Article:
Global Citizenship Certificate: Overview
What will the Global Citizenship Certificate do for you?
Earning Eastern’s Global Citizenship Certificate will help you to develop and apply the skills, appreciation and knowledge you need to become a productive citizen of the 21st century. You will develop an increasing awareness of the complexity and interdependence of our global society. You will learn to understand, communicate with, and collaborate with fellow human beings from different cultures. You will explore the world—through your education and through meaningful experiences. Your experience will be documented, providing evidence to future employers of what you have to offer in this increasingly globalized world.
A global citizen has critical knowledge.
The first stage of your journey to global citizenship provides you with knowledge and insights you’ll apply in the second stage. At this stage (usually in your sophomore and junior years), you are expected to do both of the following: Pass two college-level foreign language courses in the same language (6-credits); Complete a global field course or semester abroad which includes at least 3-credits of coursework in the history, culture, literature, environment, etc. of the host country. You are also required to do one of the following: Complete a multidisciplinary cluster of three courses, focusing on a particular region (e.g., Asia, the Middle East) or language group (e.g., Francophone, Spanish-speaking); or Complete a cluster of courses within a disciplinary focus but with a global perspective (e.g., 3 political science courses dealing with global politics).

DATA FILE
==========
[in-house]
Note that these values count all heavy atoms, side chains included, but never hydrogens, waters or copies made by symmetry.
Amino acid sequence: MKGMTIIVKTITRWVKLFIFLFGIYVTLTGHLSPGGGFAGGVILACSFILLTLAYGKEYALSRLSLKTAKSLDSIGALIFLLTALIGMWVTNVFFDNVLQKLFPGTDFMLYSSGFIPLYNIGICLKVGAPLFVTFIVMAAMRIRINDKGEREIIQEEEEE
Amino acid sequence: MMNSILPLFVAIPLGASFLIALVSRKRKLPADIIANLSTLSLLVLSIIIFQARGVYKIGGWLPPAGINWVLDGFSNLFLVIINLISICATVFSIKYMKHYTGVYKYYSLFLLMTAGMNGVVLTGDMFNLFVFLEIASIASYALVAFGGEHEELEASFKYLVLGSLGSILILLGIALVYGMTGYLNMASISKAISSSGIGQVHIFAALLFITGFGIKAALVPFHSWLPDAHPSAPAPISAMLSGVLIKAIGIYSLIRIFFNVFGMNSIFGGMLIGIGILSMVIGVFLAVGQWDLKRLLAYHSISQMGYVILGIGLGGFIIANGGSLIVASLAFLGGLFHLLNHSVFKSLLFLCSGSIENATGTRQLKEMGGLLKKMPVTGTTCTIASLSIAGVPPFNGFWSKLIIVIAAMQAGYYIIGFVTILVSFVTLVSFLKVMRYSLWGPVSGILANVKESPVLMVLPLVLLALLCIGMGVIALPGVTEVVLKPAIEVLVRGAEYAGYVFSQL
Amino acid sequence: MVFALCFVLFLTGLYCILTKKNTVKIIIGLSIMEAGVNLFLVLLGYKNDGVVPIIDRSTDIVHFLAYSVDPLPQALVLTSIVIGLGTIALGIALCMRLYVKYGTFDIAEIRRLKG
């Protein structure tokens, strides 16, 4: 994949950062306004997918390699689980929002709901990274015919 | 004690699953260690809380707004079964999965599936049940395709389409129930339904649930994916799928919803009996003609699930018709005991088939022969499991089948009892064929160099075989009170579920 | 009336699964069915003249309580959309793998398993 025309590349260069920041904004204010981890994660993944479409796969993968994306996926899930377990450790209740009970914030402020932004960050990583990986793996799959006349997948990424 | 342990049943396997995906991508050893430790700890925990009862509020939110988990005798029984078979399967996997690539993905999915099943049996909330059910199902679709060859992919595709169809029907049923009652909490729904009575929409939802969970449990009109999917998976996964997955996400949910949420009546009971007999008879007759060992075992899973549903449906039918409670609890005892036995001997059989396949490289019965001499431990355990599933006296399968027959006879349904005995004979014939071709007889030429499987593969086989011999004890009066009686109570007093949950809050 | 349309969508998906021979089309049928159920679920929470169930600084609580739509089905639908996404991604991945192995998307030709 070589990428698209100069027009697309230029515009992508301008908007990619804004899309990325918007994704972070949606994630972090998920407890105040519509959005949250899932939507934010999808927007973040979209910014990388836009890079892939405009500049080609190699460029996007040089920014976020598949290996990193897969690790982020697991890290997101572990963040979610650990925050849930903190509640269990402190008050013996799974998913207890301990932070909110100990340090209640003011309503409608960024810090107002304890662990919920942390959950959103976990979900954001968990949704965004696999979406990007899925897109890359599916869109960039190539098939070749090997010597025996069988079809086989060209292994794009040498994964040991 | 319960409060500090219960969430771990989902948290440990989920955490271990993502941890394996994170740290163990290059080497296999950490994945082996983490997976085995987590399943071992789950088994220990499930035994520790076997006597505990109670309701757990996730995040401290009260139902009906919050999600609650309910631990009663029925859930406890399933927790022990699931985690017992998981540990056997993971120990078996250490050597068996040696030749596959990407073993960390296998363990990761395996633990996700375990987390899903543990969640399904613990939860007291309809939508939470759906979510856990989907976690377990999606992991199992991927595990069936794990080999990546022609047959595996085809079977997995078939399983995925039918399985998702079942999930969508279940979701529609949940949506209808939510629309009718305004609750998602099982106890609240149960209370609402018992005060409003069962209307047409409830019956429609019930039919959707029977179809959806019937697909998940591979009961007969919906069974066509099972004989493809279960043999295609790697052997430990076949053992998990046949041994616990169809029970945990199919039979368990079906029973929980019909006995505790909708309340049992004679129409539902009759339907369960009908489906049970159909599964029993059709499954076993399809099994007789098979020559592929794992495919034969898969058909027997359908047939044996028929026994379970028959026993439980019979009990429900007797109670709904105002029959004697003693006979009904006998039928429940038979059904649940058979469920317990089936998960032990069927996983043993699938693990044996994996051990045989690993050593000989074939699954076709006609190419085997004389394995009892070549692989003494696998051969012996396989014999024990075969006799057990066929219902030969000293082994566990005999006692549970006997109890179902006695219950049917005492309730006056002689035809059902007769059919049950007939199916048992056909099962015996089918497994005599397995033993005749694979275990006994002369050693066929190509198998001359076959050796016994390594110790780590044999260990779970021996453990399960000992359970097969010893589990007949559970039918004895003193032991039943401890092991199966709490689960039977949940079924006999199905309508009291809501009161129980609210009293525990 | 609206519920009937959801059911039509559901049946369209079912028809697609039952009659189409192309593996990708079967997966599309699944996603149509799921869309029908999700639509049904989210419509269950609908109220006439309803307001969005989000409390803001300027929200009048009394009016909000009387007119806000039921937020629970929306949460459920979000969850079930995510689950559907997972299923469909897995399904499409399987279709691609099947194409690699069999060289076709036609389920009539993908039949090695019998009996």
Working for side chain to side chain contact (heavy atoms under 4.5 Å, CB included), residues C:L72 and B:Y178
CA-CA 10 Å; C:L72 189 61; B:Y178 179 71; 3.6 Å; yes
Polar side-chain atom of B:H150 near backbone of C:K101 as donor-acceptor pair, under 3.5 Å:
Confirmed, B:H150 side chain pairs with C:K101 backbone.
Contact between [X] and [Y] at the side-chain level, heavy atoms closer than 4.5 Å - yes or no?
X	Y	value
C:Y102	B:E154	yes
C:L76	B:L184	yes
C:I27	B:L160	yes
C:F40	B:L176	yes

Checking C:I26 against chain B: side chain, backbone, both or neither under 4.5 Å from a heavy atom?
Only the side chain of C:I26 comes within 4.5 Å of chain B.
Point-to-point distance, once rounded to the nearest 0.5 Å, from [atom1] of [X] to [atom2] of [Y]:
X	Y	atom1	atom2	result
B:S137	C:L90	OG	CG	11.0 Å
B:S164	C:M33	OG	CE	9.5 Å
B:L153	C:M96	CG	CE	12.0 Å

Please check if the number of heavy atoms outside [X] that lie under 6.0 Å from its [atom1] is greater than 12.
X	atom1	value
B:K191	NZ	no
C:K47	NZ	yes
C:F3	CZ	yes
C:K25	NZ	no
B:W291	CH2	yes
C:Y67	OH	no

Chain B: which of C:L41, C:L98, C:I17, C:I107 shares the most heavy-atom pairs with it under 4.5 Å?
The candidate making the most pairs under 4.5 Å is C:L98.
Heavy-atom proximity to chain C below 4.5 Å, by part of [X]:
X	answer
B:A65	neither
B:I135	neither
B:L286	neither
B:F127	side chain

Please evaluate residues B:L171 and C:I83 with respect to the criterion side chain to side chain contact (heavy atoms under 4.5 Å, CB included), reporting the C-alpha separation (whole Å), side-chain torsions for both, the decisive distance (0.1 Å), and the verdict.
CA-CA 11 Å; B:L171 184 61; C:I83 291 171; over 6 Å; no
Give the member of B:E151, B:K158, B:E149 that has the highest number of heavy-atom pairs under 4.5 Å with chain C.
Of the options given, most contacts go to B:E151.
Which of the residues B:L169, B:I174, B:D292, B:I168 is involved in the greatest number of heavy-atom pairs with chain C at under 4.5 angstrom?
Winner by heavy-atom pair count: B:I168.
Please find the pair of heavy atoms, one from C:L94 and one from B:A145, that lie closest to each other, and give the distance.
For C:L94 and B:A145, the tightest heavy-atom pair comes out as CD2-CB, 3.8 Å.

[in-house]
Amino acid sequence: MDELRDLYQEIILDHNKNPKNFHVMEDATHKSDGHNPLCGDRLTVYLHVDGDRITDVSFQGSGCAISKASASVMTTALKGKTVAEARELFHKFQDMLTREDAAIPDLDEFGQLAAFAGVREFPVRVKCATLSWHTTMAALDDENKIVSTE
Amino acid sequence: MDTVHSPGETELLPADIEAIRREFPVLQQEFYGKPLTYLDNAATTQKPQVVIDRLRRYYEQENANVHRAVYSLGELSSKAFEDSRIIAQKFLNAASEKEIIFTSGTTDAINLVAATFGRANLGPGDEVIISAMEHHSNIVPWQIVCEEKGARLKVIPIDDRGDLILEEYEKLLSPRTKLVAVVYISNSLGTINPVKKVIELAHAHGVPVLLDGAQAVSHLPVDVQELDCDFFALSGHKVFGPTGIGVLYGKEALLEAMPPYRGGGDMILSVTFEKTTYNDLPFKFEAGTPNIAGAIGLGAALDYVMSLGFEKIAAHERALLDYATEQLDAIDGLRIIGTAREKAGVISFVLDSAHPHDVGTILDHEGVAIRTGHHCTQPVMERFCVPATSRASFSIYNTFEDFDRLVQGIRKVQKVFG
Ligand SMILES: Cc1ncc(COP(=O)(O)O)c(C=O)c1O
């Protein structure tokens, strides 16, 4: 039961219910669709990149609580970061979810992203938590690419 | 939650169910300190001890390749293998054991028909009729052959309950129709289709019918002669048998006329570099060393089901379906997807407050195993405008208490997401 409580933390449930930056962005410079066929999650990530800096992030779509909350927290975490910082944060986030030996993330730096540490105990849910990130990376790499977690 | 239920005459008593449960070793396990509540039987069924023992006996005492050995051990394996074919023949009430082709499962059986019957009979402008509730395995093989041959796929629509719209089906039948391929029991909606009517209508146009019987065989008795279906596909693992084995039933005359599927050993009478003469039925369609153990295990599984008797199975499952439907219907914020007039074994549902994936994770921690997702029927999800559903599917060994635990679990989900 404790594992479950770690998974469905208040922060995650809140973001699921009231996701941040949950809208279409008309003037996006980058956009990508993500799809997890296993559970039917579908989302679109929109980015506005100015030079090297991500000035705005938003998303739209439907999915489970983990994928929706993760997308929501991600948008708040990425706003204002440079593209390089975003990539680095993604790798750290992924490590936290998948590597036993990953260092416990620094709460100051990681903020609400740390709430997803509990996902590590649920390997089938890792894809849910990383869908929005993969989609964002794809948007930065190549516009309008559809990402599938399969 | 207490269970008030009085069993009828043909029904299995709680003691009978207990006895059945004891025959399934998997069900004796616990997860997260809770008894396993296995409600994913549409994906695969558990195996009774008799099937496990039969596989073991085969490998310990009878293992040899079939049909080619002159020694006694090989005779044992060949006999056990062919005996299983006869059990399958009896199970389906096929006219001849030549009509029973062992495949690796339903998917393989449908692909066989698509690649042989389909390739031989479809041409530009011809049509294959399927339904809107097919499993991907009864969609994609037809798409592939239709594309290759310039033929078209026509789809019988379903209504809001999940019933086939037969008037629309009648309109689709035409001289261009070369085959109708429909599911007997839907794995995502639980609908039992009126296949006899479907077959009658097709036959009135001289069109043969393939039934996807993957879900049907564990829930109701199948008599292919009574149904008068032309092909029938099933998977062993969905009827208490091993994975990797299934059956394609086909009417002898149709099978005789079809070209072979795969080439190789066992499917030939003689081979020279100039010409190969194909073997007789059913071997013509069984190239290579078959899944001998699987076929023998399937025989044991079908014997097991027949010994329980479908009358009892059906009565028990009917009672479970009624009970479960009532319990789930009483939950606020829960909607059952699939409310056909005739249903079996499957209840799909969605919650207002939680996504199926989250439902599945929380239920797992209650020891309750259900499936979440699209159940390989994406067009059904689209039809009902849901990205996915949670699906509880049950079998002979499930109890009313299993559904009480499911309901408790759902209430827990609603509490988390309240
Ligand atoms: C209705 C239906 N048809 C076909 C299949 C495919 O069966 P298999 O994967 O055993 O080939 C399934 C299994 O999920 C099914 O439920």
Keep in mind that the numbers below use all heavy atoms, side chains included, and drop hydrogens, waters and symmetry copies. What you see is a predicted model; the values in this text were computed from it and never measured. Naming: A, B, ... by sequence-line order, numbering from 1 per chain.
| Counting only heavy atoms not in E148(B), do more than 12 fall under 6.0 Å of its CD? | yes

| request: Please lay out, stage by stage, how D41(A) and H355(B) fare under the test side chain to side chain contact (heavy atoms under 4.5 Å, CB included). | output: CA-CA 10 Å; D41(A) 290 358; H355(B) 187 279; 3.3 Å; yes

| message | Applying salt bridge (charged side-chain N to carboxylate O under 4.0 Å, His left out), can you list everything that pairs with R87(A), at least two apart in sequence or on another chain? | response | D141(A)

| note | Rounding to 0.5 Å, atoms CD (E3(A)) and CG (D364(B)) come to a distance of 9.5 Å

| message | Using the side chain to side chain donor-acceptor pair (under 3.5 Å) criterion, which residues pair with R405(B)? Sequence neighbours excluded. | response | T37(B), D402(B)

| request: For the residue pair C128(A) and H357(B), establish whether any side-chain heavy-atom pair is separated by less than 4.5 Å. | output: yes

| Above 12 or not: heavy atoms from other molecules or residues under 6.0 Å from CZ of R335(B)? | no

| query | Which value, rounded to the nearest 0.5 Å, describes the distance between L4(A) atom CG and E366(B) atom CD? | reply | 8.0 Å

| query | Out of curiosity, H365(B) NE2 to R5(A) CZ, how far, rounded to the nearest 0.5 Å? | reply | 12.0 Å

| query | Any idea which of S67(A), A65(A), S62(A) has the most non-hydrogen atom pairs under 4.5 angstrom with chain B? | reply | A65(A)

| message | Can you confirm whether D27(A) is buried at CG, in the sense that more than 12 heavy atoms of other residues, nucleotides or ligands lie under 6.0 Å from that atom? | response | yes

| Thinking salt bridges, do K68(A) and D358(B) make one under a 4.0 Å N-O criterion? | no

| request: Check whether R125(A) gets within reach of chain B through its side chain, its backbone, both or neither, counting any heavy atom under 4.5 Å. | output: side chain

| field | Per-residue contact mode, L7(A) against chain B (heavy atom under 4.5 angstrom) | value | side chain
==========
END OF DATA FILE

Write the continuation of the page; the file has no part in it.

A global citizen has meaningful experience.
Moving forward, you will collaborate with and lead others in a project that makes connections, builds relationships, and betters lives. At this stage (usually in your junior and senior years), you are required to: Identify a faculty member who will advise you in planning and completing your independent project; Take an active role in global or intercultural activities (e.g., a leadership role in a student organization dedicated to such activities or completion of a relevant internship or service project); Propose, complete, and document an independent project in which you apply, synthesize, and reflect on what you have learned and experienced in your courses and activities thus far.
Worthy projects will require sustained, direct, and productive involvement with a specific community, organization, or group working in global and/or intercultural contexts.